Subscribe free to our newsletters via your
. Earth Science News .

Subscribe free to our newsletters via your

Fault Movement Continues Since 2004 Asian Tsunami

by Staff Writers
Logan UT (SPX) Oct 23, 2007
Researchers say ongoing uplift following the 2004 Great Sumatra-Andaman Earthquake, which triggered massive tsunamis the day after Christmas, is caused by continuing slip on the quake fault. "Parts of the Andaman Islands subsided, or rose, by up to a yard during the earthquake," said Utah State University geophysicist Tony Lowry who, along with colleagues in Tennessee, Colorado and India, has monitored restless tectonic movements using GPS technology in the remote Indian Ocean islands, a focal point of the disaster. The findings were published October 13, 2007, in Geophysical Research Letters.

Scientists have observed dramatic post-earthquake movement following several large temblors, including the 2004 quake, though the latter boasts the largest movement recorded since GPS technology became available. GPS sites in the Andamans have recorded uplift ranging from six inches to more than a foot since the earthquake and even larger horizontal movements toward the southwest.

A hot topic of debate is what causes the movement.

In a study funded by the National Science Foundation, Lowry and associates from the University of Memphis' Center for Earthquake Research and Information, the University of Colorado and India's Society for Andaman and Nicobar Ecology collected GPS measurements at 11 sites in the Andaman Islands starting three weeks after the quake.

"Post-quake movement has generally been modeled as either deep rock flow in response to the stress change during an earthquake or as continued slip on the fault," said Lowry, assistant professor in USU's geology department. "Our research indicates that the Andaman post-earthquake movements resulted mostly from continuing silent slip on the fault, below the depth that slipped during the 2004 earthquake."

The findings have further implications for the earthquake cycle on faults, including how stress accumulates in the time between quakes, he said.

"The data we're collecting may eventually help us to better understand how and how often these sorts of really big earthquakes happen," Lowry said.

Email This Article
Comment On This Article

Related Links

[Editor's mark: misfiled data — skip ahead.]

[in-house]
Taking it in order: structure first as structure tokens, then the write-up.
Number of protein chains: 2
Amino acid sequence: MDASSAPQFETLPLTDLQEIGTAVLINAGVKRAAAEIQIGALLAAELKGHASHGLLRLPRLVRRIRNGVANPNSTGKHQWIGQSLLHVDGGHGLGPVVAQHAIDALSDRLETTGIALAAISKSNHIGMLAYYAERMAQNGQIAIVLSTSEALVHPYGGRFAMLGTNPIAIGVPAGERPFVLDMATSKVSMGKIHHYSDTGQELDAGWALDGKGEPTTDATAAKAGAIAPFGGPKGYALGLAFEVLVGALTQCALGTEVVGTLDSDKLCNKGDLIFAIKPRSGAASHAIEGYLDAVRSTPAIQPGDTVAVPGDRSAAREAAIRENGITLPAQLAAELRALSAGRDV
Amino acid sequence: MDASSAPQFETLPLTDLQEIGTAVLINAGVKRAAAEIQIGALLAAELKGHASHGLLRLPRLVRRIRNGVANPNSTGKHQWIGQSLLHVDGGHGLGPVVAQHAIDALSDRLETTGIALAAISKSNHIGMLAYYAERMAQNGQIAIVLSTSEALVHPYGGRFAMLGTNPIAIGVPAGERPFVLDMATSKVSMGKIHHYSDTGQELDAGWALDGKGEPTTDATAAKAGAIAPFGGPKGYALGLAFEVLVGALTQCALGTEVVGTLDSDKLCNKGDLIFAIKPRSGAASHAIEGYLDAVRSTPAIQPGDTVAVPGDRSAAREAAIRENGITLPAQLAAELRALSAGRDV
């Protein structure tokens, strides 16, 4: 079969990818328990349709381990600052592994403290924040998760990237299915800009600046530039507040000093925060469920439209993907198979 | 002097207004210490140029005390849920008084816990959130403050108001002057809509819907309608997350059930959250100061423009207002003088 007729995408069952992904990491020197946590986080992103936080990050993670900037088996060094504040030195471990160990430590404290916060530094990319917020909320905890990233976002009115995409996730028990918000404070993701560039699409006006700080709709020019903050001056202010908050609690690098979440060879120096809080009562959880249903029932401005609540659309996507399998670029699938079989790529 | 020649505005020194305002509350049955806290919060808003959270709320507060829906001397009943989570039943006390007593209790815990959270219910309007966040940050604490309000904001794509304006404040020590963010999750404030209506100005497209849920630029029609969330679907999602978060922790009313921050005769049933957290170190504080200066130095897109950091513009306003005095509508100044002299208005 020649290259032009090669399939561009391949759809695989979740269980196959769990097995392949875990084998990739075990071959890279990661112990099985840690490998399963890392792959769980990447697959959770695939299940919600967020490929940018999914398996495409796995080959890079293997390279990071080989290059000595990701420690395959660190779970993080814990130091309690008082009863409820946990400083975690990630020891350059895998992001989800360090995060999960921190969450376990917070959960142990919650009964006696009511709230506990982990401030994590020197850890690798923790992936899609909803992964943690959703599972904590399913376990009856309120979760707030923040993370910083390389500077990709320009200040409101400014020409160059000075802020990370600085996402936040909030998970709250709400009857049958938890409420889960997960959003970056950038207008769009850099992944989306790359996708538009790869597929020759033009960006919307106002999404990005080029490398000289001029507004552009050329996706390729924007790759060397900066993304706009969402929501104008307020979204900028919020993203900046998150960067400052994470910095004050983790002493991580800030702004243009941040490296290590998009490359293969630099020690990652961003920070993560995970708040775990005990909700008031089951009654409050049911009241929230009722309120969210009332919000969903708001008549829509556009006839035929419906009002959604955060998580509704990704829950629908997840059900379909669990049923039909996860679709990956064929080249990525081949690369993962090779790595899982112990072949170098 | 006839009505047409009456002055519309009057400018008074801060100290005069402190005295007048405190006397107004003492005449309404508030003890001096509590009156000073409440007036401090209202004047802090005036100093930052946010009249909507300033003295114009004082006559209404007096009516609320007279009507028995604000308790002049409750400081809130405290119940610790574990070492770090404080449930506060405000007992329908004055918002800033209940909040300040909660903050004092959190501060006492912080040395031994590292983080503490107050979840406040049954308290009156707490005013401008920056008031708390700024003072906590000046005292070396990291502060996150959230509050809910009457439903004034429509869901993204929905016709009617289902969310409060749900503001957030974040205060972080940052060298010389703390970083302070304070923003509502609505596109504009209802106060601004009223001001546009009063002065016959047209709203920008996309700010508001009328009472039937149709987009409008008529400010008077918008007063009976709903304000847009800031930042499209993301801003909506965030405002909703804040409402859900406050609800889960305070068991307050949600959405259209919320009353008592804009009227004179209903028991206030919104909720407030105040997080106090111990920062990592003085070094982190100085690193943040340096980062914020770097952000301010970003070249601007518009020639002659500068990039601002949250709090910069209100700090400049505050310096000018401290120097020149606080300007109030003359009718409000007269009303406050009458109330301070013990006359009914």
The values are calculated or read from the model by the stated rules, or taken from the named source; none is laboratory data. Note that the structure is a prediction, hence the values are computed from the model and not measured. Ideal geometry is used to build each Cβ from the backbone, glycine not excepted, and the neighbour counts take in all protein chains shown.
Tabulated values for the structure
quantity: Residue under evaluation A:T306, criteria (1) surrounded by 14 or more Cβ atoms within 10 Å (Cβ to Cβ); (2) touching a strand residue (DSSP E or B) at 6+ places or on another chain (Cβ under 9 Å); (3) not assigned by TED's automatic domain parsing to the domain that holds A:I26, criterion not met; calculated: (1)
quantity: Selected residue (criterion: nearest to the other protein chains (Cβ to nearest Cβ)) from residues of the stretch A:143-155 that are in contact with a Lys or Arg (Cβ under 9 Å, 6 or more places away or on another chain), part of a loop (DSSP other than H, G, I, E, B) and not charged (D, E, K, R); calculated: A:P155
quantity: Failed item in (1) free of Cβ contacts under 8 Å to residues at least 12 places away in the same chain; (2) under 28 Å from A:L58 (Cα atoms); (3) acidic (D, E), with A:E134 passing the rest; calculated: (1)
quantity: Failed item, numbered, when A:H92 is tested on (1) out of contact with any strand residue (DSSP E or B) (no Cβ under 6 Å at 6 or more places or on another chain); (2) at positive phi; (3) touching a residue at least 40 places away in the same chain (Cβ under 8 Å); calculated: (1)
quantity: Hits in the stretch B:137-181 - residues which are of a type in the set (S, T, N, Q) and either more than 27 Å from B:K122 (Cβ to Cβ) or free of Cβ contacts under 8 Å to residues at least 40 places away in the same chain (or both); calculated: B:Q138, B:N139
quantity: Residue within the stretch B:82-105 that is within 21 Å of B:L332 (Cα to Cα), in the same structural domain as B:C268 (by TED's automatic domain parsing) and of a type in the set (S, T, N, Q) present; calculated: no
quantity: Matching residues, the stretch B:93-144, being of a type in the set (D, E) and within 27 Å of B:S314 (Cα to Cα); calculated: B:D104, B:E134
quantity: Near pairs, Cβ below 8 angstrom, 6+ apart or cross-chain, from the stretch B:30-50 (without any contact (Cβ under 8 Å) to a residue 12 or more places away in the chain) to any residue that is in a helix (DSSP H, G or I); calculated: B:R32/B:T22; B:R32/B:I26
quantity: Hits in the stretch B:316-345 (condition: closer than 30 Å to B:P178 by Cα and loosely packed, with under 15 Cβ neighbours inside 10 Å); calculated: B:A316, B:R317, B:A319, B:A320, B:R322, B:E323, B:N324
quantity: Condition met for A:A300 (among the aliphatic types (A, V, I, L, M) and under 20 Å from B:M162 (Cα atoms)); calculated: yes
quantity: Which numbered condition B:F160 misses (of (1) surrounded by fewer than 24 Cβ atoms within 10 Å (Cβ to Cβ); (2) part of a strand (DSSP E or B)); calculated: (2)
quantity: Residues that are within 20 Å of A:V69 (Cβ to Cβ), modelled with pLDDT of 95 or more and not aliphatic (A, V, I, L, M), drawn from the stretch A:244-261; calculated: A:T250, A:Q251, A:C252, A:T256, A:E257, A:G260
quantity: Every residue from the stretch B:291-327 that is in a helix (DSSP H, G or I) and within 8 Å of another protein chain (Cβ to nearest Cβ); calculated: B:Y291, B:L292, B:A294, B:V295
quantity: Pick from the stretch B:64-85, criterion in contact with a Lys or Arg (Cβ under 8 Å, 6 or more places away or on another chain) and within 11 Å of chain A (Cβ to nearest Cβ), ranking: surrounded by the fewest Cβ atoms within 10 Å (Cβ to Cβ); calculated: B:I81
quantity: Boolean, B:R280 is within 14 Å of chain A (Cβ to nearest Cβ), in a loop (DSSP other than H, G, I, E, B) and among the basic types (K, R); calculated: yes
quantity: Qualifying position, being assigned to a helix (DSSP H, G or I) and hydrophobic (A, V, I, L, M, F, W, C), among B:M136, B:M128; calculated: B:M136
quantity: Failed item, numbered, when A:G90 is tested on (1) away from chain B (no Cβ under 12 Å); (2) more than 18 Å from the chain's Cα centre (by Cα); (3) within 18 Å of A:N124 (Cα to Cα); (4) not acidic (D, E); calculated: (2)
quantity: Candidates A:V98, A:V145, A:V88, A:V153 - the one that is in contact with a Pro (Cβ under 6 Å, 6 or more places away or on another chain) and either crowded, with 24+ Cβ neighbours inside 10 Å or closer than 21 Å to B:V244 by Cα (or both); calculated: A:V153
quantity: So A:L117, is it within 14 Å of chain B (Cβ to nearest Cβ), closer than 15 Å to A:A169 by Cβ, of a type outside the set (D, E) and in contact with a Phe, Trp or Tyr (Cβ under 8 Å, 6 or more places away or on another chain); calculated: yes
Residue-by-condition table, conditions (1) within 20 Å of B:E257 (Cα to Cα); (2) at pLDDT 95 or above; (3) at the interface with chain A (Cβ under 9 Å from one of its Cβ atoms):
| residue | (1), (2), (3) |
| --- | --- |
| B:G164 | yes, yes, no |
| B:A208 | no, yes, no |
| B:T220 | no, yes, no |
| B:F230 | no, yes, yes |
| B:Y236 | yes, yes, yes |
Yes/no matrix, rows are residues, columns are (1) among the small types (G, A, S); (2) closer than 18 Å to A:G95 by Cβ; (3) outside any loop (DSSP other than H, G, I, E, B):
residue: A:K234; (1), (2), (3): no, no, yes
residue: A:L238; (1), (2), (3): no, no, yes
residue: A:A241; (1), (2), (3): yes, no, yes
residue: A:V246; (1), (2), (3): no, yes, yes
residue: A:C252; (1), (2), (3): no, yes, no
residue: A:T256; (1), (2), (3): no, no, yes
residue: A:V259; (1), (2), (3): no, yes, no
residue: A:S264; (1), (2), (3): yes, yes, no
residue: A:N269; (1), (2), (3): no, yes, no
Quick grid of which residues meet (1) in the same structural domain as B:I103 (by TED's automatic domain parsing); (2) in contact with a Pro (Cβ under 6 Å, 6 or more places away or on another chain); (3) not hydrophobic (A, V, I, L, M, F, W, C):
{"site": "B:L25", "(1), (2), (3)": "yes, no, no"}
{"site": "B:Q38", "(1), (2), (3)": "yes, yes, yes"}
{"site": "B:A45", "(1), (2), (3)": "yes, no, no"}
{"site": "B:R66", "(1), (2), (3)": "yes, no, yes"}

Utah State University
Tectonic Science and News

Memory Foam Mattress Review
Newsletters :: SpaceDaily :: SpaceWar :: TerraDaily :: Energy Daily
XML Feeds :: Space News :: Earth News :: War News :: Solar Energy News

India's lithospheric roots are studied
Hyderabad, India (UPI) Oct 22, 2007
The Indian sub-continent collided with the enormous Eurasian continent 50 million years ago with enough force to create the Himalayan Mountains.

  • Satellites Help Save Lives
  • Vietnam villagers face hunger amid floods
  • 3,000 evacuated after China landslide blocks river
  • ORNL Resilience Plan To Help Tennessee, Mississippi And South Carolina Communities Beat Disaster

  • Rise In Atmospheric CO2 Accelerates As Economy Grows, Natural Carbon Sinks Weakening
  • North Atlantic Slows On The Uptake Of CO2
  • Environment ministers to meet in Indonesia
  • Tiny Pacific islands say climate change threatens survival

  • A Roadmap For Calibration And Validation
  • Key Found To Moonlight Romance
  • GeoEye Contract With ITT Begins Phased Procurement Of The GeoEye-2 Satellite
  • ITT Sensors Aboard DigitalGlobe's WorldView-1 Satellite Capture First High-Res Images

  • Researchers Examine World's Potential To Produce Biodiesel
  • Ukraine Settles Gas Debts In Line With Agreements
  • US sanctions Against Iran Could Threaten LUKoil Project
  • Energy poses major 21st century crisis: scientists

  • After extinction fears, Botswana learns to live with AIDS
  • West Nile Virus Spread Through Nerve Cells Linked To Serious Complication
  • New Model Predicts More Virulent Microbes
  • China denies cover-up of pig disease

  • Life's Early Vision
  • Researchers Studying How Singing Bats Communicate
  • Small-scale fishing threatens sea turtles
  • Symposium Marks 30th anniversary Of Discovery Of Third Domain Of Life

  • Space Sensors Shed New Light On Air Quality
  • Pitt Professor Says Harmful Byproducts Of Fossil Fuels Could Be Higher In Urban Areas
  • Analysis: Olympics and Beijing pollution
  • Scientists Estimate Mercury Emissions From US Fires

  • Researchers Find Earliest Evidence For Modern Human Behavior In South Africa
  • Neandertals And Humans Share Key Changes To Language Gene
  • Genetic Ancestral Testing Cannot Deliver On Its Promise
  • Family trees flourish on the Internet

  • The content herein, unless otherwise known to be public domain, are Copyright 1995-2007 - SpaceDaily.AFP and UPI Wire Stories are copyright Agence France-Presse and United Press International. ESA Portal Reports are copyright European Space Agency. All NASA sourced material is public domain. Additional copyrights may apply in whole or part to other bona fide parties. Advertising does not imply endorsement,agreement or approval of any opinions, statements or information provided by SpaceDaily on any Web page published or hosted by SpaceDaily. Privacy Statement